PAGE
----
Filmmaker David Fortune is not a father himself, but he knows the importance of fatherhood. Thanks to the AT&T Untold Stories Pitch Competition at the Tribeca Festival, he recently went home with the top prize of $1 million for his heartfelt film, Color Book.   

Set in his hometown of Atlanta—Decatur to be exact—the film captures the day-in-the-life of a devoted, single father raising his son with down syndrome after his wife’s passing. It chronicles their journey to attend their first baseball game together.   

“It’s my story of a Black father and son, capturing the intimacies of those relationships, because I want more stories that capture our humanity. I felt that this father’s story of raising a son with down syndrome reflects that intimacy I was always searching for,” explains Fortune, also a Morehouse alum. 

David Fortune was chosen by a panel of judges that included New Jack City and Dynasty star Michael Michele, actor/director Mo McRae from Sons of Anarchy, Den of Thieves, and A Lot of Nothing fame, and Derek Luke, most recently of Crossover, among others.  

Judging the competition was a real honor for Michele, “because it celebrates true artists.” For her, the art of filmmaking is sometimes lost in the industry part of it all. So “to be a part of helping make that decision about who gets the money to fulfill their artistic thought and ideal for filmmaking” is an experience she cherishes.  

Fatherhood was the aspect of Fortune’s pitch for Color Book that really grabbed Luke the most, he shares. “I’m a father,” he says. “I’m homeschooling my kids. Parenting has been rewarding and difficult during COVID and after COVID. And even though I’m in a different zip code with more diverse people, I hear the same cries from white people that I hear from Black.”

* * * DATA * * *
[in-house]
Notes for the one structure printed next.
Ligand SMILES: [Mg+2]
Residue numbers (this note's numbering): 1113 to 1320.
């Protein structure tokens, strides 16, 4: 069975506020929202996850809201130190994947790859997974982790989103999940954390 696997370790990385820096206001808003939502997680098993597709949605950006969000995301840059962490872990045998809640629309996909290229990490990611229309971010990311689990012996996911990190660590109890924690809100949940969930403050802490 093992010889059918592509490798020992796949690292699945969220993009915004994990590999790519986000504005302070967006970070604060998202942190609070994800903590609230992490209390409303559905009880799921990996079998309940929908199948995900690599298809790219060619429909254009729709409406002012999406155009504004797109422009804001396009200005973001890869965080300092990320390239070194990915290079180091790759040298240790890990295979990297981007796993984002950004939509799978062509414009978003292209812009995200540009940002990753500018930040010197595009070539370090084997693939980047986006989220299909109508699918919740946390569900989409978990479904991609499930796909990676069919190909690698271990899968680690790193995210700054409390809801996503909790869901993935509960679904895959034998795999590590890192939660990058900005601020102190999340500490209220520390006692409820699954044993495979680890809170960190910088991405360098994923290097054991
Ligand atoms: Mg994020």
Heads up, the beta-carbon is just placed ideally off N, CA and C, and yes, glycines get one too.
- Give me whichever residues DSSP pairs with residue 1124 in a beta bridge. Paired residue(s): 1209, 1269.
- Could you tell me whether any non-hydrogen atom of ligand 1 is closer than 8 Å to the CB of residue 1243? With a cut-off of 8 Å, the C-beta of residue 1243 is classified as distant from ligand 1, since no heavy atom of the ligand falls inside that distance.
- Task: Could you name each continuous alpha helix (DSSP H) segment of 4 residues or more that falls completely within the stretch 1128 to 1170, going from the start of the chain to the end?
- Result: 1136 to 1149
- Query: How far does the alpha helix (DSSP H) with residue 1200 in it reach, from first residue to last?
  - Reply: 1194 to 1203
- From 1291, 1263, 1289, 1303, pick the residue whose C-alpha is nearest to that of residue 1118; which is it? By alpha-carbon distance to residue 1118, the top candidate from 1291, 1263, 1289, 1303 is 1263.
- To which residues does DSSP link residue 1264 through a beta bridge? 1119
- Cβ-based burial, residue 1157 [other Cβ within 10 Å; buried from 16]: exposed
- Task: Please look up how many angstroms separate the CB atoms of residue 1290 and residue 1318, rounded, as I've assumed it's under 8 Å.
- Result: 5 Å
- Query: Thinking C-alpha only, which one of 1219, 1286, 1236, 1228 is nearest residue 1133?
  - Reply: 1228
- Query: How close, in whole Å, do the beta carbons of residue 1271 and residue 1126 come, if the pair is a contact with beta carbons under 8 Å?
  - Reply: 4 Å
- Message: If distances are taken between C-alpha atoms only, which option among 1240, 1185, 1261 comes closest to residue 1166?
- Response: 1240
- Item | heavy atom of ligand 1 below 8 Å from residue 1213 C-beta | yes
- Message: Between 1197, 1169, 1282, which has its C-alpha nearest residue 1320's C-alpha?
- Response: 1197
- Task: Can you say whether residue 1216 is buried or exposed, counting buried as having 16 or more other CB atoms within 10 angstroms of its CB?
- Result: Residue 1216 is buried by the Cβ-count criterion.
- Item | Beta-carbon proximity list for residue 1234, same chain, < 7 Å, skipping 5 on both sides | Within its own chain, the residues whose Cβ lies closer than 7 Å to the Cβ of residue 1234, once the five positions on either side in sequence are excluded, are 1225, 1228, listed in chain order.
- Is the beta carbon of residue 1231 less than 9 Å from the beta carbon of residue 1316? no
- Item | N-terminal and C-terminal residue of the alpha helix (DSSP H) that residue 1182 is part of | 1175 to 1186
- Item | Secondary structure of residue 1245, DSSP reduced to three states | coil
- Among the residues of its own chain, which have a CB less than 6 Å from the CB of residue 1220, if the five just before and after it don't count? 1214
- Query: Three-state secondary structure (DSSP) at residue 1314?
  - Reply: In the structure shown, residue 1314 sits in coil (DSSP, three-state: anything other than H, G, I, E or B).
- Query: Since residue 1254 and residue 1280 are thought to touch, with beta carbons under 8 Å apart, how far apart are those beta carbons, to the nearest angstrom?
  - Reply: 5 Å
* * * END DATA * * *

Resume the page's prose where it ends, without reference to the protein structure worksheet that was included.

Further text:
"As a director, I was looking for specificity and clarity and vision," shares McCrae. "I was looking for passion, and a real strong sense of artistry. David Fortune, who ended up becoming the winner, exhibited all the things I was looking for in terms of who could take this $1 million dollars, and go off and not just make a movie, but make a film that will be memorable and could resonate with people."

Echoing Michele who also spoke of film being art not subjected to commercial interests, Luke wants to see independent film, where he and so many others got their start, continue to thrive.  “The ecosystem of cinema needs to be balanced, where it's not just sci-fi, but it's the balance of true storytelling, or grounded storytelling,” he says. 

For him, this is essential to the lifeblood of filmmaking, “because many times when our cinema has gone through a down lull, it was grounded, raw stories that brought it back up.” 

And Fortune’s Color Book definitely fits that bill. His film is one that comes from being observant of others, not just himself. Back in grade school, he says he noticed, “those with disabilities were often separated from the rest of the student body. And for me, it was like more of a curiosity of how can I highlight their perspective and their lives and include them into our community? Because they are a part of it.” 

The Morehouse grad says his desire to uplift comes from being uplifted. “I’m not a father myself, but I’ve been fathered,” he says. “After losing my dad, there were so many Black men who stepped in and sheltered me and guided me in the right path. They helped me get to Morehouse College and continued to help me get through grad school at Loyola Marymount University. I owe all that to Black men, and so this film is a love letter to them.”